Assam Eviction: Stirring A Hornets’ Nest
Guwahati: A week after the violent clash between alleged encroachers and authorities claimed two lives in Garukhuti area in Darrang district, a fresh controversy has popped up in the state about the history of the area during the Assam agitation in 1980s.
The controversy started allegedly by Congress legislator from Baghbor Sherman Ali Ahmed when he while reacting to the Garukhuti eviction drive allegedly dishonoured some eight martyrs of Assam agitation and termed them as ‘killers’.
At least eight persons were killed by suspected Bangladeshi migrants in 1983 in Dholpur area of Gorukhuti. Ali said, “They were not martyrs but killers. They had killed many during that time in the name of the movement. They were being killed as villagers were scared of them and defending themselves.”
Reacting sharply to the comment, Assam chief minister Himanta Biswa Sarma said, “Sherman Ali is not the problem but it’s the problem of Congress party which protect such person who dishonor our history.”
Finding itself in a tight spot due to Ali’s comment, Assam Congress president Bhupen Borah said that the party would deal with Ali strictly.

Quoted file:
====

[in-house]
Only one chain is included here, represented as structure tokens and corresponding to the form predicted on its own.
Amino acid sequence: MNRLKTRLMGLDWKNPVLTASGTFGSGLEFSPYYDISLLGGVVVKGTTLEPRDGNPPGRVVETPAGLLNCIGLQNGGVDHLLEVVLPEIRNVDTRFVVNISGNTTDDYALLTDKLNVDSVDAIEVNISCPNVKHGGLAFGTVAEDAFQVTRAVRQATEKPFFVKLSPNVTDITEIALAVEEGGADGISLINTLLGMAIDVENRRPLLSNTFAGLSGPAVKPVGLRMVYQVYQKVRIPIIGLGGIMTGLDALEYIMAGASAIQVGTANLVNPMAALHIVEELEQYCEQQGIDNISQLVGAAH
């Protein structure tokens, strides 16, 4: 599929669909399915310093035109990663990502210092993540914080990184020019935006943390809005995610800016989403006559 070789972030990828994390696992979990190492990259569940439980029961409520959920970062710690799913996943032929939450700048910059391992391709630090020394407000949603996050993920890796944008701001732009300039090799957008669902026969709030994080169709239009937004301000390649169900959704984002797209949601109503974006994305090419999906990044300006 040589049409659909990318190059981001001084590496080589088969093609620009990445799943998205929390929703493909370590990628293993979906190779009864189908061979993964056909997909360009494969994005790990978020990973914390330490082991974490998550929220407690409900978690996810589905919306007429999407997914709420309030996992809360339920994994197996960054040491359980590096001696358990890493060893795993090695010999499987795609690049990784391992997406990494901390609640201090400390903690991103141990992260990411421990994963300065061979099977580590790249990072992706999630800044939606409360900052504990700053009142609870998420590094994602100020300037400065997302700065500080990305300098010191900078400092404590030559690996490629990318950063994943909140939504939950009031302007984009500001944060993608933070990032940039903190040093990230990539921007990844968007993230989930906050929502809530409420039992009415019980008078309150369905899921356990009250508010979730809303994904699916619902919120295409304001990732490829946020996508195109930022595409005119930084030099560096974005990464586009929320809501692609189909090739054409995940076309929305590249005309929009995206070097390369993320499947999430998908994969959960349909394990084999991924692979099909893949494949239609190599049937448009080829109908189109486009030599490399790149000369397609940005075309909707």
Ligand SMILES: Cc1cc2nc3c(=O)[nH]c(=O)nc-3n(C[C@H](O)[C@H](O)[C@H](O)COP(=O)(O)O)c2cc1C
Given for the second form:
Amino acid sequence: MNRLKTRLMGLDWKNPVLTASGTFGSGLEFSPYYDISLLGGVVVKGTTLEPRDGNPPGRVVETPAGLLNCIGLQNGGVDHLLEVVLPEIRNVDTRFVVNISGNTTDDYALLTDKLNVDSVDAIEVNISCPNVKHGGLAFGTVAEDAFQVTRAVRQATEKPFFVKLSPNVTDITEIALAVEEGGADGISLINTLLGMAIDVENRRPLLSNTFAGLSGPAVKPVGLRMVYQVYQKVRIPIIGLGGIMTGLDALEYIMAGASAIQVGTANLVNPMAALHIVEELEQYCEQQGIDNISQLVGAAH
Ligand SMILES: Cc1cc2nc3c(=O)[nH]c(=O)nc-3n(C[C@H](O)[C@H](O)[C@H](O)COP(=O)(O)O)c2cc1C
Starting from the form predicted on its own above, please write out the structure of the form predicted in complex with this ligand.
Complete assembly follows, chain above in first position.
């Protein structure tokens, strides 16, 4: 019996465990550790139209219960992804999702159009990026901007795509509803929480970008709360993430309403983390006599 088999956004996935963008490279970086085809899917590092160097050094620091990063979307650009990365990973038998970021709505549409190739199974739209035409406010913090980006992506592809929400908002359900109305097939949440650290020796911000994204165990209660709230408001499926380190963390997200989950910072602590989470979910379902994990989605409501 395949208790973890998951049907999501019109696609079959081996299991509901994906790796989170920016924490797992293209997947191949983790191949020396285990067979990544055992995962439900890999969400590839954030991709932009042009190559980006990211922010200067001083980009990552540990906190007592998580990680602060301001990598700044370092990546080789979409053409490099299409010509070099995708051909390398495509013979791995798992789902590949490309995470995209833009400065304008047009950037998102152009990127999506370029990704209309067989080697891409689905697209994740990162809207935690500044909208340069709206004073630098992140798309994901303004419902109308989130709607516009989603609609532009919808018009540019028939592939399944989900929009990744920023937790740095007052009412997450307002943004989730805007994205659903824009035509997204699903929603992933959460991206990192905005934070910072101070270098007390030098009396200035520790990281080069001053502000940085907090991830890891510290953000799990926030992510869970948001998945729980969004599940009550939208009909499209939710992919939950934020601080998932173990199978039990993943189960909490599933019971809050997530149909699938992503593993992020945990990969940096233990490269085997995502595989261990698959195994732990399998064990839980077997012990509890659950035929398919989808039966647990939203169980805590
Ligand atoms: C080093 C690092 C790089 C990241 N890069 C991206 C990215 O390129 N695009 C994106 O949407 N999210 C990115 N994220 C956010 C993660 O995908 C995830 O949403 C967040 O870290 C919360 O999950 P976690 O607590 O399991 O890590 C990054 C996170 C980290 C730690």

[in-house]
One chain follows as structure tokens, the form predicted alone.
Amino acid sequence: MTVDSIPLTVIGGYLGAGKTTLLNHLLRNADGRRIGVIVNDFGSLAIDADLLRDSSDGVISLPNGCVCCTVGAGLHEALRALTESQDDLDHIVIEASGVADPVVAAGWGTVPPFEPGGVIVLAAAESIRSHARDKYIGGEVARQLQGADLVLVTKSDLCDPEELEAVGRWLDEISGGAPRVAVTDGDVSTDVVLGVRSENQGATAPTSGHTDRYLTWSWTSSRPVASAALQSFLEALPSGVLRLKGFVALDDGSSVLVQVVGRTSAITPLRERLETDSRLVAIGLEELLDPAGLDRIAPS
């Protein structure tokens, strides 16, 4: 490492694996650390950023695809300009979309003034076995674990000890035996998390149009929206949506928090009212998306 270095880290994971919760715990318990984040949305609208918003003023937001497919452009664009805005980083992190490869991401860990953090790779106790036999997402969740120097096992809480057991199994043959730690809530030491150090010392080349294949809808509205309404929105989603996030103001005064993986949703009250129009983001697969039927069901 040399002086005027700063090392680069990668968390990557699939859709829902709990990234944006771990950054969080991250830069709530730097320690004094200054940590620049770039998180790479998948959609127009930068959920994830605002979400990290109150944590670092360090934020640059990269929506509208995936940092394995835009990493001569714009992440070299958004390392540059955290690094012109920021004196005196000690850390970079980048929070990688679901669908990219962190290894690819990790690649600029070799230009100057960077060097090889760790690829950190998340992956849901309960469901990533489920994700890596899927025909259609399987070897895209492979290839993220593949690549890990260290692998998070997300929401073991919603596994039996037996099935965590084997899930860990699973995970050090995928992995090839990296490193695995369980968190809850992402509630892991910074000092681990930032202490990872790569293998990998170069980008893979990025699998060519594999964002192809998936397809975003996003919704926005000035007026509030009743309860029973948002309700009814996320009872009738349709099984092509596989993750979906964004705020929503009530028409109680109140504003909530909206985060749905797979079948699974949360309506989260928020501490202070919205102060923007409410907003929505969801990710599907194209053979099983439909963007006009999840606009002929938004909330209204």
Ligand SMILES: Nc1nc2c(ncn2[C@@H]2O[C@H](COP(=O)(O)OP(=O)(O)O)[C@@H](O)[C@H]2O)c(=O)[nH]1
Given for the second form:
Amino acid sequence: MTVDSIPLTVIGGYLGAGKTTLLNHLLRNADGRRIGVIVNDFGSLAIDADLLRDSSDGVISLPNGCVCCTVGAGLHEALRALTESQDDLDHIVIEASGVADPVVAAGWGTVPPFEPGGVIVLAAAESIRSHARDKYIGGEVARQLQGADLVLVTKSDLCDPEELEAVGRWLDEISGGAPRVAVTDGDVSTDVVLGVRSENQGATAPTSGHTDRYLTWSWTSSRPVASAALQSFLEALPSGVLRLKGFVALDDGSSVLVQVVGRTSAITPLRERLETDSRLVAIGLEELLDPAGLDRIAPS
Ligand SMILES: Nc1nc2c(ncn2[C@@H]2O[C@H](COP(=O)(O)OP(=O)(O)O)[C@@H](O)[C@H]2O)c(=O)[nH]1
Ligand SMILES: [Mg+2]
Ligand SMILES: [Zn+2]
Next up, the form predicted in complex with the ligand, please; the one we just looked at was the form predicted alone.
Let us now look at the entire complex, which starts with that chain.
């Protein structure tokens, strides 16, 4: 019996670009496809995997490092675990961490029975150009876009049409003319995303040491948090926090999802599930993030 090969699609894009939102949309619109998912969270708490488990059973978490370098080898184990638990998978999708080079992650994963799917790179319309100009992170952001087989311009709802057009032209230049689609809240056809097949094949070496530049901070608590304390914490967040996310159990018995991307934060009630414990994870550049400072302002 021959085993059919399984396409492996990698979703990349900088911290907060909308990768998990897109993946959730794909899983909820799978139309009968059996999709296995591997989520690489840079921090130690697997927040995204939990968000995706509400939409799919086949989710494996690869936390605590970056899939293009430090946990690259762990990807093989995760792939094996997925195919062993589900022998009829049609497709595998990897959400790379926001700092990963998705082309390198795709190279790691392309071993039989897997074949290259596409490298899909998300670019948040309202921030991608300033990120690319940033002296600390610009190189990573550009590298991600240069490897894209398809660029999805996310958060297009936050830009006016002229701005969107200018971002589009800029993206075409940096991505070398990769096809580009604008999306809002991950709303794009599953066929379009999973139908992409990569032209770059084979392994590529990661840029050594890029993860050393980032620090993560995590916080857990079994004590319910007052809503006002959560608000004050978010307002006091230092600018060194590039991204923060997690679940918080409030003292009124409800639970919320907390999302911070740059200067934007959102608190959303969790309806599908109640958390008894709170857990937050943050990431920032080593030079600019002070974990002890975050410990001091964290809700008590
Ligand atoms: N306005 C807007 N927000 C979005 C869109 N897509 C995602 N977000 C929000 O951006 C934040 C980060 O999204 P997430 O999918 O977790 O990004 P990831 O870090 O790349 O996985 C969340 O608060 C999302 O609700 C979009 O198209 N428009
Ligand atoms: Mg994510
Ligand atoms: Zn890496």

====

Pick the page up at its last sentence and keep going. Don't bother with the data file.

Borah said, “The comment was unfortunate and unnecessary. The party will not tolerate such statement. As per the party constitution, I have already discussed the matter with Leader of the Opposition Debabrata Saikia and strong action will be taken upon Ali. He has crossed the ‘laxman rekha’ (boundary).”
The Assam agitation was led by All Assam Students’ Union (AASU) during the 1980s demanding the deportation of illegal settlers from Bangladesh who had entered in the state since East Pakistan (now Bangladesh) crisis.
It was in Mangaldoi in Assam’s Darrang district where the genesis of the Assam agitation began and the seeds for updating the National Register of Citizens (NRC) were sown four decades ago. Though the official process of updating NRC started in 2015, the push for it had come in a by-election at the Mangaldoi Lok Sabha constituency in 1978.
Prior to the polls, it was found that registered voters numbers had suddenly swollen, sparking suspicion that it happened because of the entry of illegal infiltrators from Bangladesh in to the voters’ list. Thus began the six-year Assam Agitation in 1979, which ended with the signing of the Assam Accord that promised to update the 1951 NRC.